Then, there is the underwriting and the medical checks to put the brakes on your application before, at last, some acceptance terms can be issued, a start date requested and your client can be assumed to be on risk. Even for clean cases accepted at ordinary rates, it can sometimes take a month from final client meeting to getting acceptance terms through. What a nightmare.
No matter how good you are, no matter how efficient your favourite provider, the whole process is slow, expensive and downright inefficient.
Many advisers have now discovered they can become more efficient by widening their skill base and learning how to jump one last big technology hurdle.
Consider an alternative. Take a look at Assureweb.
Your client and product information is entered on to an application form that is accessed via your pc or laptop. If you have previously produced a quote electronically, the data already input is used. Remember, too, that you can seamlessly link from client records in a back-office system such as misolution, Plum or Adviser Office from 1st Software, saving you time and reducing the potential for error.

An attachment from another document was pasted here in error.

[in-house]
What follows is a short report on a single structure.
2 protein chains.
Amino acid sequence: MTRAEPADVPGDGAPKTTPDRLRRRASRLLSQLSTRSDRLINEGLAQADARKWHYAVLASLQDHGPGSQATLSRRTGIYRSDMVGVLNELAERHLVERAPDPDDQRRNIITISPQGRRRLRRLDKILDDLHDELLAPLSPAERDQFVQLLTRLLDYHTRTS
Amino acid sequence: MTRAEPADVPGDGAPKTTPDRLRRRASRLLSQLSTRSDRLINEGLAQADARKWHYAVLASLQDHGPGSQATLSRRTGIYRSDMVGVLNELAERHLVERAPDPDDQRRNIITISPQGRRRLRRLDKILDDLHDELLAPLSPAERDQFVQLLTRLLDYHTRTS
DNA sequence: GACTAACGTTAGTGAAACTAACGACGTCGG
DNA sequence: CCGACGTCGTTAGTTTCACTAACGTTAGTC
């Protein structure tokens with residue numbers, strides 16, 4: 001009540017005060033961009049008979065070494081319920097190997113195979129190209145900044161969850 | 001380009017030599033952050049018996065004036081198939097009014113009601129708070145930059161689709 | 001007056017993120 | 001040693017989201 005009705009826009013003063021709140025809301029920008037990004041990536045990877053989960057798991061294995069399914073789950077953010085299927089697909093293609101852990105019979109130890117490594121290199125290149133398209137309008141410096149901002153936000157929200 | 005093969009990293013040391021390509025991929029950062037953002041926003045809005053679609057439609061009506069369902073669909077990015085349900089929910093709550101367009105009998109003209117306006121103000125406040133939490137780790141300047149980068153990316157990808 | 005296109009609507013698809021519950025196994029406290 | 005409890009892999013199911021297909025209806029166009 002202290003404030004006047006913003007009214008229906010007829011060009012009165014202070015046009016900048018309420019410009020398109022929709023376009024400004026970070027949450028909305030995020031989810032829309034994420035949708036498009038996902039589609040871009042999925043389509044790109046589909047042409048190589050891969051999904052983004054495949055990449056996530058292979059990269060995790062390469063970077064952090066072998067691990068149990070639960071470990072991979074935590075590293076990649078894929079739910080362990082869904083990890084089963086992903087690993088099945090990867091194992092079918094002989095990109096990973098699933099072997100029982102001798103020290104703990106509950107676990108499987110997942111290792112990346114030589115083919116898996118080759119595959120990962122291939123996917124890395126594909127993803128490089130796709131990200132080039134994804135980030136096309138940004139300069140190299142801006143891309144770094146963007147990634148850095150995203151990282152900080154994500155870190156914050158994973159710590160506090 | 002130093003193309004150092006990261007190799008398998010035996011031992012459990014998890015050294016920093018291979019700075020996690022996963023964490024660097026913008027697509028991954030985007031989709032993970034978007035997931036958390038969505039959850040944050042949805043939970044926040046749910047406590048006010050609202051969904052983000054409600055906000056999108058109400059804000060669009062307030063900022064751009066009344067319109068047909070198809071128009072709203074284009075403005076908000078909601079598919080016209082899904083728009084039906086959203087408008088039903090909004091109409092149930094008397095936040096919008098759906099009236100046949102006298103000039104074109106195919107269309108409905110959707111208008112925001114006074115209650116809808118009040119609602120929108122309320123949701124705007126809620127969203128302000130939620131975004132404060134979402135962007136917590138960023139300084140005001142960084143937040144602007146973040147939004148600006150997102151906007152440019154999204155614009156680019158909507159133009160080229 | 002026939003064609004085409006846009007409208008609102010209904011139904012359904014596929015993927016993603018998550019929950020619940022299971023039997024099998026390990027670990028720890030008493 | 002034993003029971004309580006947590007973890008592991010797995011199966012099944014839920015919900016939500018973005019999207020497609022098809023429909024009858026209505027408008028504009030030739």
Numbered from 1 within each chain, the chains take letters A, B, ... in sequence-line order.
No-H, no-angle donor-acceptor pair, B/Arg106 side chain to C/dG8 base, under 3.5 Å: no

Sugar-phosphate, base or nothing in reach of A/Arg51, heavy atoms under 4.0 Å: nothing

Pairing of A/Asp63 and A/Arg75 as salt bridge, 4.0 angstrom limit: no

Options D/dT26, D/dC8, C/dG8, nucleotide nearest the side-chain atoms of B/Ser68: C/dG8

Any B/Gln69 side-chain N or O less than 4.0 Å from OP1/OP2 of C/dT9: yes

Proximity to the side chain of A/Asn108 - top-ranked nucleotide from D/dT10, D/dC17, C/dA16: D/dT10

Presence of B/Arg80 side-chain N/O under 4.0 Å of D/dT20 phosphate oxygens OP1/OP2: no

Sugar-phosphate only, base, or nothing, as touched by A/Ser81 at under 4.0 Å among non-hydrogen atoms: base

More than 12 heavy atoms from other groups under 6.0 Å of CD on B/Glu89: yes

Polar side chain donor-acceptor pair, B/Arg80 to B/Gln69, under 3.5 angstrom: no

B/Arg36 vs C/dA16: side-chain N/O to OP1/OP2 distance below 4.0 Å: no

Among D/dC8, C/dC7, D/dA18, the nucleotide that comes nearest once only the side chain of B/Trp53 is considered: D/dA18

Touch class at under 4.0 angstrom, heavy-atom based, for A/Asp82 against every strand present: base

You will instantly be told if you have made a mistake or missed some information, giving you opportunity to correct the form before submission.
The data is then sent directly into the provider's new business system, bypassing the processing queue, and the checks and underwriting processes can begin straight away. More often than not, your client is on risk and an acceptance is issued within minutes – and not a human has been involved.
Ask an adviser why they do not adopt the process and you will not get a very convincing response. Consider the experience of leading national IFA. A staggering 40 per cent of the cases it submitted to providers were sent back for errors to be corrected or more information. Since it started to use electronic application forms, it has reduced the return rate to a much more manageable 9 per cent and, as administrators become more used to this new way of doing business, that figure continues to fall.